The 2007 shooting at Virginia Tech seemed to awaken higher education institutions to the inherent dangers facing our campuses. More recently, community college campuses have seen many catastrophes.
In April 2015, Wayne Community College in North Carolina experienced a shooting. Later that year, Oregon’s Umpqua Community College experienced a tragedy none of us want to see.
In addition to shootings on campus, a number of our colleges face the threat of hurricanes and other natural disasters. Houston Community College experienced tremendous damage resulting from Hurricane Harvey. Florida Keys Community College still deals with the effects from Hurricane Irma.
However, it will not happen to us. Right?
Making the tough decisions
Stanly Community College (SCC) had not conducted any significant emergency drills before 2017, even though disastrous events are seemingly more prevalent than ever. The college has experienced two significant events that are classified as emergency-type events.
The first event occurred on October 24, 2017. A person posted a photo of guns and bullets to their Facebook page. In their post, the individual “checked in” at SCC’s main campus in Albemarle, North Carolina. The college’s marketing staff became aware of the post less than 20 minutes after the original post. The marketing staff immediately escalated the situation to the executive vice president (the president was finishing an appointment off campus).
The EVP immediately notified SCC’s director of security, who is a sworn law enforcement officer, and other key staff. The EVP, director of security, vice president for student success and the vice president of strategic planning and compliance immediately met to fully assess the perceived threat.
The EVP contacted the president, who met the staff within minutes. The staff quickly learned the individual was not a current student and had not taken classes at SCC. It was unknown, however, whether the individual was on campus.
A decision to evacuate campus was made given the facts available. Evacuate. Was it the right decision at the moment? Hindsight is virtually always correct, so was the right decision made?
The decision has been reaffirmed by many groups who have reviewed the facts of the case. Law enforcement ultimately determined the decision to evacuate was the right decision given the undetermined location of the individual who had posted the image.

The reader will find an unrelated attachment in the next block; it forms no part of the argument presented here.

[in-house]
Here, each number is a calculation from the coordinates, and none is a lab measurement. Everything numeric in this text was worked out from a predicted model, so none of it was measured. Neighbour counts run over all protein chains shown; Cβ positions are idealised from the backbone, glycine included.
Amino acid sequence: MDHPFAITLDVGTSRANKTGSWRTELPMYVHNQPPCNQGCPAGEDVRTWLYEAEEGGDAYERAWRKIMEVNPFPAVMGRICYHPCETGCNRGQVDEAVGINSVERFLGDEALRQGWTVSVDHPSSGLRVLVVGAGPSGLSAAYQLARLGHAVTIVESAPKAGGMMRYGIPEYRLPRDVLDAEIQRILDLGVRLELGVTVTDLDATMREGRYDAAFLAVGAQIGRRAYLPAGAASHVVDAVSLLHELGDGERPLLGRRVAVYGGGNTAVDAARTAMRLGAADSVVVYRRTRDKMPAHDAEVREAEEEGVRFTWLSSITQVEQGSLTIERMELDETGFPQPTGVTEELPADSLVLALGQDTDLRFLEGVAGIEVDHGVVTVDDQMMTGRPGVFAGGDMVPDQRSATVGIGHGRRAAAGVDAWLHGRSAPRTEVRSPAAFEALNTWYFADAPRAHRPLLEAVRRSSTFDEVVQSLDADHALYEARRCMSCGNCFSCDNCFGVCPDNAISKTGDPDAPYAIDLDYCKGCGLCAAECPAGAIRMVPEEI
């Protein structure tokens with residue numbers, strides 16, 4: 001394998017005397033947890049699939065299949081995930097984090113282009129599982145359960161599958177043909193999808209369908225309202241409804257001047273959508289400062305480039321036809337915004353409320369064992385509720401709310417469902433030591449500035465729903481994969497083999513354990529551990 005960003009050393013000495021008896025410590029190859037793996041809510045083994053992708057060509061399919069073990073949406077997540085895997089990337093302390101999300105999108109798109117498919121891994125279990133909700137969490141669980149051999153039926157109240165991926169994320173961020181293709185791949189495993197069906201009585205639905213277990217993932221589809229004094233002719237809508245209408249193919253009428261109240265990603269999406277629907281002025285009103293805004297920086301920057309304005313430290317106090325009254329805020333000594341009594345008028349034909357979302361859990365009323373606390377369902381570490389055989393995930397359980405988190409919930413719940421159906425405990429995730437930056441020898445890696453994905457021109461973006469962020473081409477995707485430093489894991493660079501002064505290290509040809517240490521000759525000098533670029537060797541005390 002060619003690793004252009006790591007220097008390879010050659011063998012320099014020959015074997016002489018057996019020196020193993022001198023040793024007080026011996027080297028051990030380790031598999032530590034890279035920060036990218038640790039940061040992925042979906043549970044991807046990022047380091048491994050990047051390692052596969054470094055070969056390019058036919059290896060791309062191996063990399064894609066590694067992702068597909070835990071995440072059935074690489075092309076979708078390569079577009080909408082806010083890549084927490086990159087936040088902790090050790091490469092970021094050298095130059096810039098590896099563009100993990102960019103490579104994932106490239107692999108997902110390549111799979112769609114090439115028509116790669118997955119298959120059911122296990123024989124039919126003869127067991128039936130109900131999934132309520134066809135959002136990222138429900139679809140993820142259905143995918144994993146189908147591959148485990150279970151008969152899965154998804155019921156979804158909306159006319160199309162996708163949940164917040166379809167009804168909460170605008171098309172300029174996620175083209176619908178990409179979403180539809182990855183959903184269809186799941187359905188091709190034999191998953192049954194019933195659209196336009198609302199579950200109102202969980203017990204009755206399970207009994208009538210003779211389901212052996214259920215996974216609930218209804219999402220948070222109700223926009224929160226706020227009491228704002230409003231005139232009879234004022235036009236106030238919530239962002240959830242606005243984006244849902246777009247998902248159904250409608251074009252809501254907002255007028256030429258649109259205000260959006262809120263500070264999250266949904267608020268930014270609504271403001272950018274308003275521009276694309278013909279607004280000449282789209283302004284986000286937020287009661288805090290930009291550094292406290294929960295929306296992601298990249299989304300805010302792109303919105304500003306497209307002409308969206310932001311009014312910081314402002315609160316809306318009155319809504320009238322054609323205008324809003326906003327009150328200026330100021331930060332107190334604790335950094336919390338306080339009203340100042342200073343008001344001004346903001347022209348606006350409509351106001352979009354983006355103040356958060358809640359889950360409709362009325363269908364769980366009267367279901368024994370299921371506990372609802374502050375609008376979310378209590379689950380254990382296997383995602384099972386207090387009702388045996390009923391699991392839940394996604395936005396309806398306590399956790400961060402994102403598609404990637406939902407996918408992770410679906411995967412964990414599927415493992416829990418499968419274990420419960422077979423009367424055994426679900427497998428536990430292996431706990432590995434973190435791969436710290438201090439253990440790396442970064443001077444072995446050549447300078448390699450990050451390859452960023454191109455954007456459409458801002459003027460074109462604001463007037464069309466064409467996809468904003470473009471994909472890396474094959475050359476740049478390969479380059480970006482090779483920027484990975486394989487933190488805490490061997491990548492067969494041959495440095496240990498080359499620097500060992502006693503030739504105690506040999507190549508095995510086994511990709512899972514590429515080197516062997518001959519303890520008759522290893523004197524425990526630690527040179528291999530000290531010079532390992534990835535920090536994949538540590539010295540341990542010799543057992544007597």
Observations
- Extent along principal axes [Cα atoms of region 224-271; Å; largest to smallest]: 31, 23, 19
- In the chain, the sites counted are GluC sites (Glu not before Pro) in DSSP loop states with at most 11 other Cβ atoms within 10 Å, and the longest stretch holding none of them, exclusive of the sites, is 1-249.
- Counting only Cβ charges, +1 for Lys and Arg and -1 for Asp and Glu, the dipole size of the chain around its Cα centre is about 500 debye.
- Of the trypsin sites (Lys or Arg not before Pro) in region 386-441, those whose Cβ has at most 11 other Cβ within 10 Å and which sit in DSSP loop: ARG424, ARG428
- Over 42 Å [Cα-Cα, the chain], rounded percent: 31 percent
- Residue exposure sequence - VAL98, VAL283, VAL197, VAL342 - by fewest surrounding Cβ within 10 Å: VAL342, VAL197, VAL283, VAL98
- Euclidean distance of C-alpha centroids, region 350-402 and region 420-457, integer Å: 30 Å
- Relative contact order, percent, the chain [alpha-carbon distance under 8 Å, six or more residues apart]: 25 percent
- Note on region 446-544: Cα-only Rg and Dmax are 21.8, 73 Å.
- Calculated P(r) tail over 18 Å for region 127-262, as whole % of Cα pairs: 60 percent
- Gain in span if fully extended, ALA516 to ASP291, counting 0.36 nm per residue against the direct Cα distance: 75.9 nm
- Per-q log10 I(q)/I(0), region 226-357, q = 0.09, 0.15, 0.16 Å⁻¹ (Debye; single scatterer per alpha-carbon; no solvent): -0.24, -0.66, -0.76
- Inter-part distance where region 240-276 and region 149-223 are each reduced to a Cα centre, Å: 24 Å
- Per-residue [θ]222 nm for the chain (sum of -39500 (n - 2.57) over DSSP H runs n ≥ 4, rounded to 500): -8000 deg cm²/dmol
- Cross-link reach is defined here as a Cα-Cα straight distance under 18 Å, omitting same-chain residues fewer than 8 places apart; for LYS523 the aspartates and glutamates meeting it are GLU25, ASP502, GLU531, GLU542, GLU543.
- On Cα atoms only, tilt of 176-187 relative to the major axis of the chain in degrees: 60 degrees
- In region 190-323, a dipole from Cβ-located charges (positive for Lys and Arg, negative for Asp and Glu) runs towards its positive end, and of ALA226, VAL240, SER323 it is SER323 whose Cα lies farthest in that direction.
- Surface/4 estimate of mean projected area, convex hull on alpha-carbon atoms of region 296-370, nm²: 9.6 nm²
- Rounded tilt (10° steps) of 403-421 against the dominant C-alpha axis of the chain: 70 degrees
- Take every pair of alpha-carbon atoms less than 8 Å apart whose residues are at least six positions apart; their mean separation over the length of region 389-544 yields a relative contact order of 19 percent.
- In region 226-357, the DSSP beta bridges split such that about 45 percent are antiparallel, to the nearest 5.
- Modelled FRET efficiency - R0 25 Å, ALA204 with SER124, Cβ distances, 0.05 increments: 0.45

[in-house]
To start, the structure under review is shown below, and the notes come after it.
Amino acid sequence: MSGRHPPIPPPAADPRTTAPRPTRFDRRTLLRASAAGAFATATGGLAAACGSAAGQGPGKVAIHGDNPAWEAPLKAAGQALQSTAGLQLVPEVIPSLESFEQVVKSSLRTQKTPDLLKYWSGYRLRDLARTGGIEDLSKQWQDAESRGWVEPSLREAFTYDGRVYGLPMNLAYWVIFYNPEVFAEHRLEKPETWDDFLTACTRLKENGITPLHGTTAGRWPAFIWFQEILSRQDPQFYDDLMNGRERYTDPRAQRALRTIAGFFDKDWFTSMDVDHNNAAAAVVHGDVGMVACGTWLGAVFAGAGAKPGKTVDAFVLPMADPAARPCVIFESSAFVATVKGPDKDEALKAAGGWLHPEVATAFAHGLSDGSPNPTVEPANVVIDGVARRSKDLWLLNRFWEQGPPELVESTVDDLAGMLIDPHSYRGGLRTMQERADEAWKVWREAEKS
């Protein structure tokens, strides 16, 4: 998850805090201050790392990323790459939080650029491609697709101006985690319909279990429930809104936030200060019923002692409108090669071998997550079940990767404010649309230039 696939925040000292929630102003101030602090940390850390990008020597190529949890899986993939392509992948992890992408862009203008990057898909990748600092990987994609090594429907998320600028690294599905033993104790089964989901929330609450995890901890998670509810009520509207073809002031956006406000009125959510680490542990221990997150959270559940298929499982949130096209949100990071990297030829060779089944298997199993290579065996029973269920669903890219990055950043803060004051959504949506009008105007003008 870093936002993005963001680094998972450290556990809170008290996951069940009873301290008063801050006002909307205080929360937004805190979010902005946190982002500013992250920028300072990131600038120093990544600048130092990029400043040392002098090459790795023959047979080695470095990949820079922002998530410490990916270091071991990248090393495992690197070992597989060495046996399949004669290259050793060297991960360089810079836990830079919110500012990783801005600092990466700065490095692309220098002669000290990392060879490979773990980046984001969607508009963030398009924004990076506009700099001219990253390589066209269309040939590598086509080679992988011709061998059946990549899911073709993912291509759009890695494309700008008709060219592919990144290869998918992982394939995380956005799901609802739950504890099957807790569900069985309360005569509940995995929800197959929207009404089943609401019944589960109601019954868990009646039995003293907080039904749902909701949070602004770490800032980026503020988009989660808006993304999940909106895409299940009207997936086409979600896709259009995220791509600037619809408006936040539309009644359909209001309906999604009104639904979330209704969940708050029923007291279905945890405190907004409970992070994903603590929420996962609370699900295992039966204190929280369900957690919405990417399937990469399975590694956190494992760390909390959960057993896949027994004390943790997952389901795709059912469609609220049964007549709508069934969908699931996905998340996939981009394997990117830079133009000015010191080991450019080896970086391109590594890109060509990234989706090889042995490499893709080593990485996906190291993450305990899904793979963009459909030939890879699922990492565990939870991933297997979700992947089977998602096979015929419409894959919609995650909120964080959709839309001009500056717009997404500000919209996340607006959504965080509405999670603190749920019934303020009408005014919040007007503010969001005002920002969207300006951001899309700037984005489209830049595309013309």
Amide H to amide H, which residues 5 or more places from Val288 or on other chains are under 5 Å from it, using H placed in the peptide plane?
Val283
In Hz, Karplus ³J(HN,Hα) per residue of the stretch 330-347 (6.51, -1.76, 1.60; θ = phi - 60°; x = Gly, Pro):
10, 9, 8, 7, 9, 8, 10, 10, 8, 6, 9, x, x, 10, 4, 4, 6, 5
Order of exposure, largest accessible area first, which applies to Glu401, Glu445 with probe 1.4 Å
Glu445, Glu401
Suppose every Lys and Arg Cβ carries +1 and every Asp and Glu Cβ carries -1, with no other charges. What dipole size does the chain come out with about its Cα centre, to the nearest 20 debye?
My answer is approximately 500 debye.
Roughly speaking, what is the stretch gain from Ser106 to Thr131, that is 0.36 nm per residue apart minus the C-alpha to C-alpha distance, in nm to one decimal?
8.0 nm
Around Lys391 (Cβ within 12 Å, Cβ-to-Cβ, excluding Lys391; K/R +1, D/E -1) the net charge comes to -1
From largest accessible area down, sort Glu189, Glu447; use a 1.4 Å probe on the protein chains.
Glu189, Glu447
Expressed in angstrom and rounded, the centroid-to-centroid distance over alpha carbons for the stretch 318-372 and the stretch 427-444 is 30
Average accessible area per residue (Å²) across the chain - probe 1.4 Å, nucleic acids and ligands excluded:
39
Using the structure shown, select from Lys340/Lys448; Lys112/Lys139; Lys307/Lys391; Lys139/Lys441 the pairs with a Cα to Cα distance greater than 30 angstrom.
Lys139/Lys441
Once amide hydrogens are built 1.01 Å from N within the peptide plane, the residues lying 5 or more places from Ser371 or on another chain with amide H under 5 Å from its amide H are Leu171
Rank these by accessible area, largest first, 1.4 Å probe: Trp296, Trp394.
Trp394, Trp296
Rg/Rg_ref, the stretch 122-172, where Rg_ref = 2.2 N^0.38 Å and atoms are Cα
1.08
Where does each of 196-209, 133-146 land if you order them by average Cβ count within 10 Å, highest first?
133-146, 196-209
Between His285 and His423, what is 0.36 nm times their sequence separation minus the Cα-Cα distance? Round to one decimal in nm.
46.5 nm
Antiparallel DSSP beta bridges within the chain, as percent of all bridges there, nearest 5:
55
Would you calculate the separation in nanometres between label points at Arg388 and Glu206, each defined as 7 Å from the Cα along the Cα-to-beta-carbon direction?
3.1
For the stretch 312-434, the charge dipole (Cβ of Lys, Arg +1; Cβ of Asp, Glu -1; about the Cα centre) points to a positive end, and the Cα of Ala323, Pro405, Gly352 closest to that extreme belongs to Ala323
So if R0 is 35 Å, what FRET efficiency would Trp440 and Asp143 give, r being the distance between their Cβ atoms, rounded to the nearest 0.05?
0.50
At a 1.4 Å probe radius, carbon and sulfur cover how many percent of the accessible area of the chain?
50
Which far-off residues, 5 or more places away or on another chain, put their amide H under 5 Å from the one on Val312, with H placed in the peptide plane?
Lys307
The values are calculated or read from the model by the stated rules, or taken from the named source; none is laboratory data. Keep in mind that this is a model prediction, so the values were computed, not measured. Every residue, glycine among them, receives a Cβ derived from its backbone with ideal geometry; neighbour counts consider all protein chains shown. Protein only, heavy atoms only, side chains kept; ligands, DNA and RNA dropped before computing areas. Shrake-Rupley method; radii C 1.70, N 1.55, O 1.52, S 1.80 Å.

The college’s board of trustees agreed with the decision after reviewing critical facts of the situation. Faculty and staff, who were debriefed in a college-wide meeting, supported the decision to evacuate. The evacuation order ultimately seemed to be the best decision to uphold the safety of SCC’s students, faculty and staff.
Preparing for the worst
Fast forward almost one year, and SCC was facing an impending emergency of another nature. Like most of North Carolina, the college was affected by Hurricane Florence, which made landfall on Friday, September 14.
The president and the executive leadership team began closely watching the hurricane on Monday, September 10. Given that the college is approximately 200 miles from the coast of North Carolina, we are unaccustomed to dealing with hurricanes. However, early predictions regarding Hurricane Florence compared it to 1989’s Hurricane Hugo, which is considered one of the worst hurricanes ever to hit the Carolinas.
Given the seriousness of the forecast, SCC began making preparations for a Hugo-type hurricane to make landfall. Maintenance staff began securing facilities and ensuring that loose items outside of buildings were secured or brought inside. They also ensured drains were clear of debris.
As the executive leadership team continued to watch the forecasts, the loss of power became a real threat. With the loss of power would come the loss of our ability to communicate. Very few people still have traditional landlines — most use cell phones. For those who have traditional handset phones at home, many of them are VoIP devices, which use the Internet (and power) to operate.
As the hurricane continued to barrel toward the state, SCC decided to close the campus on Thursday, September 13 and Friday, September 14. The college did open with a skeleton business office crew on that Thursday to distribute financial aid checks to students so they could have much-needed cash if the worst did come. The decision to close on Thursday was made as a preventative measure so that students, faculty and staff would have time to take necessary precautions at their homes.
Once the decision was made to close, SCC made plans on how to communicate in the event of an extended power loss. How would the college push out notifications if the campus and employees did not have power?
SCC partners with a third-party marketing and communications agency, which is not locally based. On Wednesday, September 12, a meeting with the executive leadership team was held, with the third-party agency joining via teleconference. In the event power was lost, the communications firm had a canned message that would be pushed out to local media every 24 hours until they were contacted by the president or the executive vice president.
This contingency would have allowed for the message regarding college operations to be made, even in the event of a disaster.